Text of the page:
GRIP – A mature Mario Kart alternative?
A racing game with rockets and guns, what more could you want? Well as it turns out, a bit more than what GRIP currently offers unfortunately. GRIP is a fun game with a variety of different styles of races and cars to sink your teeth into. The experience however is just a little short of first place.
The racing is enjoyable, the underlying concept of the vehicle is that its “GRIP” keeps it on the track at such high speeds. If you collide with something (quite a common occurrence as will be spoken about later) you will immediately be thrown up into the air and be flipped several times. You may land on the roof of the vehicle, nevertheless this isn’t an issue as you can drive upside down.
You end up flipping around so much that the game could well be called FLIP rather than GRIP
GRIP has a long and engaging campaign mode. It comprises of 11 tiers, each of which has several tournaments. In each tournament there are a number of events. These vary quite a bit, which keeps the campaign fresh as you play through it. Some events are quite challenging, whilst others are a breeze.
At the end of most tiers you will have to face up against your rival from that tier. This is a one on one duel and you have to win to progress. Some of these are frustrating, but make a nice break from the standard races.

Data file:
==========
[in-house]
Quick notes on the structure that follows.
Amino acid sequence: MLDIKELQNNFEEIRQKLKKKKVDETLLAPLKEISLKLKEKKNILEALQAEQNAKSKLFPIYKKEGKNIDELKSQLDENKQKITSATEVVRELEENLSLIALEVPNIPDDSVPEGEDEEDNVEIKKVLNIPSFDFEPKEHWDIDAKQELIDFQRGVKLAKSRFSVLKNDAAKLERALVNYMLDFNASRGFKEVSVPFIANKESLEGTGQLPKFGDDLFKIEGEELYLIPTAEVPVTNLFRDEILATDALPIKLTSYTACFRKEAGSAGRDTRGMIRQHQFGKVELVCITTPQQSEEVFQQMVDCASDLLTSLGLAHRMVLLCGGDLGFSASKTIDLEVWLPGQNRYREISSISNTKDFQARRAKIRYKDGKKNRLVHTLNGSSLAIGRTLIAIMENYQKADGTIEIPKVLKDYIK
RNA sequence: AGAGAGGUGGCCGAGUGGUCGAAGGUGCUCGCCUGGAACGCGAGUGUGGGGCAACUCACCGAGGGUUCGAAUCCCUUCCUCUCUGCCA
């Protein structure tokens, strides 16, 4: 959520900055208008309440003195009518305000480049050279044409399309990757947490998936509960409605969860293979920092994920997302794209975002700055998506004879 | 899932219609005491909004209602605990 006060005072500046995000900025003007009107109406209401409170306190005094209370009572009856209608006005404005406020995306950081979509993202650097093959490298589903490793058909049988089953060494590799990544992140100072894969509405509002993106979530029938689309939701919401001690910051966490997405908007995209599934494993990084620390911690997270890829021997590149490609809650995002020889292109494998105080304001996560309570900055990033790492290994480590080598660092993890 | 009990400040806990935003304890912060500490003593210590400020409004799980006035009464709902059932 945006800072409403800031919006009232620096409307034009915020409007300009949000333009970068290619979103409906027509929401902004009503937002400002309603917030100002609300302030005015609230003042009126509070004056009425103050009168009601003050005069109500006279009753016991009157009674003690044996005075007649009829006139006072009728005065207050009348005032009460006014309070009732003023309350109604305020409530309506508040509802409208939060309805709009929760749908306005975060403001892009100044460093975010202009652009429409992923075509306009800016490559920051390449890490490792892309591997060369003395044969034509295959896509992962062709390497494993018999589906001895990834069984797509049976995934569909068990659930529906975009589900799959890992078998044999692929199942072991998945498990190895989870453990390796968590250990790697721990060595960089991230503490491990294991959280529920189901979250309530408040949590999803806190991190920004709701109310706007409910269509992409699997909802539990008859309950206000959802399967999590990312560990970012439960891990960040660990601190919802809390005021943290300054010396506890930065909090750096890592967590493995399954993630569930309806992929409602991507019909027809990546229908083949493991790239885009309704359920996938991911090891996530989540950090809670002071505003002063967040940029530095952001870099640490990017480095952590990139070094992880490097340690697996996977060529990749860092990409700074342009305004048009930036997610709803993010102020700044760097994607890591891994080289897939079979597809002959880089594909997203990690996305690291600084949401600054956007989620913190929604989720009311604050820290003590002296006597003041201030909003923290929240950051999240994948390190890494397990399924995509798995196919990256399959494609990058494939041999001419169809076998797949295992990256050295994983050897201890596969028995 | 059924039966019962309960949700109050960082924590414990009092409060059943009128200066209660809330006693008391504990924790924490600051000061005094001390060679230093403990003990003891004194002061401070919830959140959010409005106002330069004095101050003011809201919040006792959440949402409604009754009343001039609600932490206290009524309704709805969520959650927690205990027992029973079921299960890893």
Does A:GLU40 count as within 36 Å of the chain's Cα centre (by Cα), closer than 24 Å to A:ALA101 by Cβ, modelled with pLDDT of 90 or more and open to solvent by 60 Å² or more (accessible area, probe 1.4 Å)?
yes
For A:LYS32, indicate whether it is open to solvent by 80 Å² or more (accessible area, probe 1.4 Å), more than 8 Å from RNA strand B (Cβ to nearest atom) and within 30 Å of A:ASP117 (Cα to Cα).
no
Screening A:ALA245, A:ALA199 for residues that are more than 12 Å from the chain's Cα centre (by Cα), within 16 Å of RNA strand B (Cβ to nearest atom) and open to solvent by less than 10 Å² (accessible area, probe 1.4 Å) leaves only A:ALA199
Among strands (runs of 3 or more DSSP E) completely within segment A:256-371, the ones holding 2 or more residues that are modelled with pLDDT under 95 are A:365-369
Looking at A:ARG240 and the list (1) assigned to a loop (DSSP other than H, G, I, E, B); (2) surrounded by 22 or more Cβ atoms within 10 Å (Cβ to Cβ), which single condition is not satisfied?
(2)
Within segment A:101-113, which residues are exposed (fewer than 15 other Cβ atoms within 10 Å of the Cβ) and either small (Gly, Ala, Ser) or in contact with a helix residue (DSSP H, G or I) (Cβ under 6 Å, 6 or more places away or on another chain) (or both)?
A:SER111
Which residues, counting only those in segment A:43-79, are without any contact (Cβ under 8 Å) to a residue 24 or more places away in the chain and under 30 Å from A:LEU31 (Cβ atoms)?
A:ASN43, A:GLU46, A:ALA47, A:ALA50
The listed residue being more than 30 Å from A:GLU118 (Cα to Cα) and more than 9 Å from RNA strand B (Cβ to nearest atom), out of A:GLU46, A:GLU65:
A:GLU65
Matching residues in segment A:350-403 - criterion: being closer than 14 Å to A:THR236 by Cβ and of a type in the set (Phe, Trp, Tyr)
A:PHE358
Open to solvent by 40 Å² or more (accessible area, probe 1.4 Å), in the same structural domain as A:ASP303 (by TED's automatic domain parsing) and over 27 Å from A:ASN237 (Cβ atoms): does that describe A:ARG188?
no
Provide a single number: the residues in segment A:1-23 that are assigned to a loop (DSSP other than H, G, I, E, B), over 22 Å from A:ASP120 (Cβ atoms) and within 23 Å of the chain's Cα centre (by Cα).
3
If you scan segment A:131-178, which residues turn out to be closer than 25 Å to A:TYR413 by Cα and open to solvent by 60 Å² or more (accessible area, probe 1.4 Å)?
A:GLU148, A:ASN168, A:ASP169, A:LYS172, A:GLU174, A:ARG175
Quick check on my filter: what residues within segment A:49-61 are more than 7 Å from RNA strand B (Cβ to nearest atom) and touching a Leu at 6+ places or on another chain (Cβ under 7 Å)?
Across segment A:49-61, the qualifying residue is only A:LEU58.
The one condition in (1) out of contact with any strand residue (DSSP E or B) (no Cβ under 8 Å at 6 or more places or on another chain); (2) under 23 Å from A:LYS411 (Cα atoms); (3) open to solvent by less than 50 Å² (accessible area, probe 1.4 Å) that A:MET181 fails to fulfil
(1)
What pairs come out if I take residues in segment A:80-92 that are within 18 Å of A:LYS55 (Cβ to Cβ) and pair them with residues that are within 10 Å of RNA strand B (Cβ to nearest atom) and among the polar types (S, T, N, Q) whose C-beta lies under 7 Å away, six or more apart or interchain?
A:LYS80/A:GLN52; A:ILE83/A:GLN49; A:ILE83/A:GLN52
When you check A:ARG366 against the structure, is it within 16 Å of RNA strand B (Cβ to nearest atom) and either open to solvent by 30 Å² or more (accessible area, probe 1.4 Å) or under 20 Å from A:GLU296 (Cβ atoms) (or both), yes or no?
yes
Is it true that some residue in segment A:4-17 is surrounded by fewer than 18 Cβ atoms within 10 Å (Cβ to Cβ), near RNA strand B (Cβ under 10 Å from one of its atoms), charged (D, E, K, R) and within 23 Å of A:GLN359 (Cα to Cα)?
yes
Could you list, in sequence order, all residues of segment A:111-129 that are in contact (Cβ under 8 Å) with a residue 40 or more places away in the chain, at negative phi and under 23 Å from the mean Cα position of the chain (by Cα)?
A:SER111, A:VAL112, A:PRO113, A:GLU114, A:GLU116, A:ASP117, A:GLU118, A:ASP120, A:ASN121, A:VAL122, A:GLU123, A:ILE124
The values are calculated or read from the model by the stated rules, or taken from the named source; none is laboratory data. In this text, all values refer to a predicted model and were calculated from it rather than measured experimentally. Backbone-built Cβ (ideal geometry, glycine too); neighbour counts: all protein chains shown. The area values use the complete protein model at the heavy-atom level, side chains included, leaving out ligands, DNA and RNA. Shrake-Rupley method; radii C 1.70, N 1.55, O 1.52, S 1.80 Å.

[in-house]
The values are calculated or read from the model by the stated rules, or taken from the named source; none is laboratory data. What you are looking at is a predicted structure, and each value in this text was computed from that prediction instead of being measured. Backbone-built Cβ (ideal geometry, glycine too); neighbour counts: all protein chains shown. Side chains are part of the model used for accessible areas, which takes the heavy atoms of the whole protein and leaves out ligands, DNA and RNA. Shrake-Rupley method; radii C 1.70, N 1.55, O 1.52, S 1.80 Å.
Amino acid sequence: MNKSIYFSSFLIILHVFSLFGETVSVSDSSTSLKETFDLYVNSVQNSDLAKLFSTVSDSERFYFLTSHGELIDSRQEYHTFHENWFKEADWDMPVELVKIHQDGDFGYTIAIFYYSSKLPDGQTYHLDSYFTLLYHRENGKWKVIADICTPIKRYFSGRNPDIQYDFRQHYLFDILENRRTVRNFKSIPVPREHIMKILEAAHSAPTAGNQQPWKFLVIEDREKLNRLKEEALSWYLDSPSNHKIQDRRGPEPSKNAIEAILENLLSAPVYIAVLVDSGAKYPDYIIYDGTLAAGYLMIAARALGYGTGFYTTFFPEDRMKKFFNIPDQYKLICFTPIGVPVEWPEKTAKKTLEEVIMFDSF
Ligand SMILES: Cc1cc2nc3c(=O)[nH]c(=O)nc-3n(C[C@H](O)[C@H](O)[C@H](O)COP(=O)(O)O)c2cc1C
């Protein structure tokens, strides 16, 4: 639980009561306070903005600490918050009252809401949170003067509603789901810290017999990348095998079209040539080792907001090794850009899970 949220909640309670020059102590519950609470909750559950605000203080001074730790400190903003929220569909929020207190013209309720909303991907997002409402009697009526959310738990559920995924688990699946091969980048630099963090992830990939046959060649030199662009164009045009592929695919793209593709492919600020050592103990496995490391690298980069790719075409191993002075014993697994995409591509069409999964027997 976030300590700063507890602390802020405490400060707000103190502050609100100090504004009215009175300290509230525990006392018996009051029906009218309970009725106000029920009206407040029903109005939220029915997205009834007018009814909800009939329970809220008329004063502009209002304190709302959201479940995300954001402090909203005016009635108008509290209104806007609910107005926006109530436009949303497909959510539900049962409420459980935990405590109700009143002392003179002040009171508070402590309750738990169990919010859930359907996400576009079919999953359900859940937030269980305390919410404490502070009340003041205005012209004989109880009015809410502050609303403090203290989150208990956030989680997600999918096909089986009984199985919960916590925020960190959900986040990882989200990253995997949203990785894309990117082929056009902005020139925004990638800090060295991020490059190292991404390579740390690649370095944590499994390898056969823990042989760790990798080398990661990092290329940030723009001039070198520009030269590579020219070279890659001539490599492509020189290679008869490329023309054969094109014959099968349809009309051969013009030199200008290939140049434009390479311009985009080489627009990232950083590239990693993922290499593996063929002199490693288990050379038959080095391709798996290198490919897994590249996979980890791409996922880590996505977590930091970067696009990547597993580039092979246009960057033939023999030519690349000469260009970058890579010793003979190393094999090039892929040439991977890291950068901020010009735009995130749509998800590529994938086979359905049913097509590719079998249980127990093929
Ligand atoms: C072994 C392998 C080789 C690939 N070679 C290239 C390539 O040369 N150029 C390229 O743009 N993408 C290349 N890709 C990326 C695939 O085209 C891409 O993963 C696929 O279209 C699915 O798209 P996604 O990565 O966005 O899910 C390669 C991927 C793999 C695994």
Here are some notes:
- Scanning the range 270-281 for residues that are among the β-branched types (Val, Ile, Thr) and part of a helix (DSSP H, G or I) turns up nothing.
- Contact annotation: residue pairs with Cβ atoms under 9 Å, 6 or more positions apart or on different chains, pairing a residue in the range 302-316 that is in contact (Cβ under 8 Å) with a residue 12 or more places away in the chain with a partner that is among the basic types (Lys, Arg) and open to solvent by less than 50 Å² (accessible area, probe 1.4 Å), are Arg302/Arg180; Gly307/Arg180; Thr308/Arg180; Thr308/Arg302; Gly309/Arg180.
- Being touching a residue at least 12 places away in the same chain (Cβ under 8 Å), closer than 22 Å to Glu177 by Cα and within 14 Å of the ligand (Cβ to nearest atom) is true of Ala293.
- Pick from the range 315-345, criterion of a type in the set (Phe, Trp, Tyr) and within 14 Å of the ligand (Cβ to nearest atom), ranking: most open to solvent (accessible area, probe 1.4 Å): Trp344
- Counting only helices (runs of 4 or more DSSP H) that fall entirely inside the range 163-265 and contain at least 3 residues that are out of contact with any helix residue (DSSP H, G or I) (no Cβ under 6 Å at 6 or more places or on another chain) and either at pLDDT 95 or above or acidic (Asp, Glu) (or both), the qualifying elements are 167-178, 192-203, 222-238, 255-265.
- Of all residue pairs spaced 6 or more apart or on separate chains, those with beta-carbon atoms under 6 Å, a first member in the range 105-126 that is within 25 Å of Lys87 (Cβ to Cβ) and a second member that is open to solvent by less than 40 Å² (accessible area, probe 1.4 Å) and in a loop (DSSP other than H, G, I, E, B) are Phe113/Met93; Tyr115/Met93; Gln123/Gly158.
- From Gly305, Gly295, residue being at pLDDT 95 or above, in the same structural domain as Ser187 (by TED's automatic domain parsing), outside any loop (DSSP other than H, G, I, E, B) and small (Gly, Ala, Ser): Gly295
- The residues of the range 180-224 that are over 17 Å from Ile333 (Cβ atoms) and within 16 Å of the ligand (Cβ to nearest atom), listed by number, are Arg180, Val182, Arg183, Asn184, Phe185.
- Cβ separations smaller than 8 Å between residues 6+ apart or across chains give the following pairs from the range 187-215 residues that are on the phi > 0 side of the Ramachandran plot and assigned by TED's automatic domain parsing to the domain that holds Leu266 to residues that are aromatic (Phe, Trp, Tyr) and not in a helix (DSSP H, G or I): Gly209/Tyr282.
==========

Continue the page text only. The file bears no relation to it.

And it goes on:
Types of Race and Event
The different types of event include but are not limited to: Classic Race, Ultimate Race, Deathmatch Arena, Elimination Race & Speed Demon. Classic Race is as you would expect a simple race to the finish line and your final position is determined by the order in which you cross the line.
Ultimate Races award you with points for shooting your opponents, setting quick laps and the order you finish the race. It is the combination of all of these which determines how many points you get and where you place overall. Deathmatch Arena is your battle mode, it is also one of the Arena modes. You are put in a large open map and your job is to shoot rockets at the other racers to score the most points and kills.
Elimination race is fairly self explanatory, you do laps of a track and every so often, the person in last place is eliminated. Speed Demon is like a classic race, except the only power ups you get is the Firestorm Turbo speed boost. This mode can get quite boring once you’ve done it once or twice.
All of the events in the game fall into three modes: Race, Arena & Carkour. Race and Arena have many events within them, some of which have already been spoken about. Carkour is a special event which involves racing around obstacle courses. You first come across these in the latter half of the campaign mode.
As well as the Campaign mode there is a single player mode, in which you can play your favourite types of race to your heart’s content. The game also features, split screen play so you can play against your friends on the couch. You can also race online, however I had difficulty finding any matches, so don’t get your hopes up too much.
At end each of each race you earn exp to level up. Each time you level up, you unlock new vehicles, new decals, new paint patterns & new wheels. All of these let you customise your car to very high levels, meaning that no two cars will ever be the same – this is a nice feature.